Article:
AUG 20, 2019 08:37 AM PDT

Let the plastic rain fall down

Plastic was the furthest thing from Gregory Wetherbee’s mind when he began analyzing rainwater samples collected from the Rocky Mountains. “I guess I expected to see mostly soil and mineral particles,” said the US Geological Survey researcher. Instead, he found multicolored microscopic plastic fibers.

A new study entitled “It is raining plastic,” shed light on the next development of the microplastic crisis. Authored by Gregory Wetherbee, the study concluded that significant amounts of microplastic are sneaking their way into our precipitation, in addition to our air, water, and soil.

Wetherbee stumbled upon the findings – his intended subject was nitrogen pollution in the Rocky Mountains of Colorado. “My results are purely accidental,” he said. The discovery of plastic fibers, beads, and slivers in his samples, though unanticipated, are not surprising, as previous studies have shown that microplastics are able to be transported through the air and travel far distances.

“I think the most important result that we can share with the American public is that there’s more plastic out there than meets the eye,” said Wetherbee. “It’s in the rain, it’s in the snow. It’s a part of our environment now.”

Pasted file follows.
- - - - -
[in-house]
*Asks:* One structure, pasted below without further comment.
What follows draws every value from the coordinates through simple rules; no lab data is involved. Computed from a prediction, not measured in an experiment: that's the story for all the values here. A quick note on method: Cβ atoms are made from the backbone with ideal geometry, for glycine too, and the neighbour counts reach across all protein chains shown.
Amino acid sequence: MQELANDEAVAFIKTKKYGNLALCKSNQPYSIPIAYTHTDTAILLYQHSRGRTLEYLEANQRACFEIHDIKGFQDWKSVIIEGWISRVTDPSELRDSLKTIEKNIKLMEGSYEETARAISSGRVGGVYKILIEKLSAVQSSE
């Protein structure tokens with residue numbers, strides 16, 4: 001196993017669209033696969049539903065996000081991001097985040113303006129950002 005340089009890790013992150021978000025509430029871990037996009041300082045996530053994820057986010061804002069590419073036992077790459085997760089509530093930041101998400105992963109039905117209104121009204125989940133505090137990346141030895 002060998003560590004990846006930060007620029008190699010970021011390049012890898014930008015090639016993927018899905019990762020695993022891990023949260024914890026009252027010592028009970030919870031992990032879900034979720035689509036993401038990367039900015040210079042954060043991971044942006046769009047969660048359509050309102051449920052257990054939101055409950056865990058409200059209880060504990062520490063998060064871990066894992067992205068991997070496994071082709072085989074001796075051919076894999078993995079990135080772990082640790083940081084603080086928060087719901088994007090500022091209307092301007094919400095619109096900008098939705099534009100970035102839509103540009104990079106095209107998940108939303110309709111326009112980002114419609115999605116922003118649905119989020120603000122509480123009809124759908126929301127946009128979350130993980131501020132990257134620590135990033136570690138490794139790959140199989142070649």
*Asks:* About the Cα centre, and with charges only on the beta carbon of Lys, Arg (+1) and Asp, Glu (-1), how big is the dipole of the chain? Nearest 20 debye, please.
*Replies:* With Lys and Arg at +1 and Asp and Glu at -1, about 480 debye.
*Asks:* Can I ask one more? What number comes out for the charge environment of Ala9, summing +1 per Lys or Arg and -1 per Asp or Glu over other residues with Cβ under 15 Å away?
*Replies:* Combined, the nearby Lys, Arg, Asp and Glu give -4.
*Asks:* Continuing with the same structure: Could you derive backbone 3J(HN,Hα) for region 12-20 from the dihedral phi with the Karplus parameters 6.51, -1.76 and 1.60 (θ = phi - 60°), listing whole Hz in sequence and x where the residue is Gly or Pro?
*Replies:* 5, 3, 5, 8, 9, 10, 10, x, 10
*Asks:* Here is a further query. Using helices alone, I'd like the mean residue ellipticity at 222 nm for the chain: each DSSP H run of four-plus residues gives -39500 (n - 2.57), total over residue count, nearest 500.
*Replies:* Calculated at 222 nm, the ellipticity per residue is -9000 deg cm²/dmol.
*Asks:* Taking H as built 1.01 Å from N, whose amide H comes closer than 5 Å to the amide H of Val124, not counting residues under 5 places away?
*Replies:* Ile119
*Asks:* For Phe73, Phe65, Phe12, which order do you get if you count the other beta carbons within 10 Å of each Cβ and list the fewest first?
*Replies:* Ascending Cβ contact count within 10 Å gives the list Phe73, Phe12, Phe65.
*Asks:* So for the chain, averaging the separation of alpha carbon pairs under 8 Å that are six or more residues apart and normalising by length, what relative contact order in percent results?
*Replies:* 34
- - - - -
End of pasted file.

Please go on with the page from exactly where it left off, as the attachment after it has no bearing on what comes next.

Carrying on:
But wait – where does all the microplastic come from – I recycle! Well, according to Sherri Mason, a microplastics researcher and sustainability coordinator at Penn State Behrend, over 90% of plastic waste is not recycled, that plastic trash ends up breaking up into tiny pieces. “Plastic fibers also break off your clothes every time you wash them,” Mason said, in addition to almost every other plastic product. “And then those particles get incorporated into water droplets when it rains,” she elaborated.

While scientists have studied the effects of microplastics on animals (mostly marine), we have yet to understand the health effects on humans of so many microplastics in our environment. We do know that microplastics are able to attract and attach to heavy metals such as mercury for example, as well as toxic bacteria that are undoubtedly harmful to humans.

“We may never understand all the linkages between plastics and health. But we know enough to say that breathing plastic probably isn’t good, and we should start thinking about dramatically reducing our dependence on plastic,” said Mason.

Sources: The Guardian, USGS

About the Author
  • Kathryn is a curious world-traveller interested in the intersection between nature, culture, history, and people. She has worked for environmental education non-profits and is a Spanish/English interpreter.
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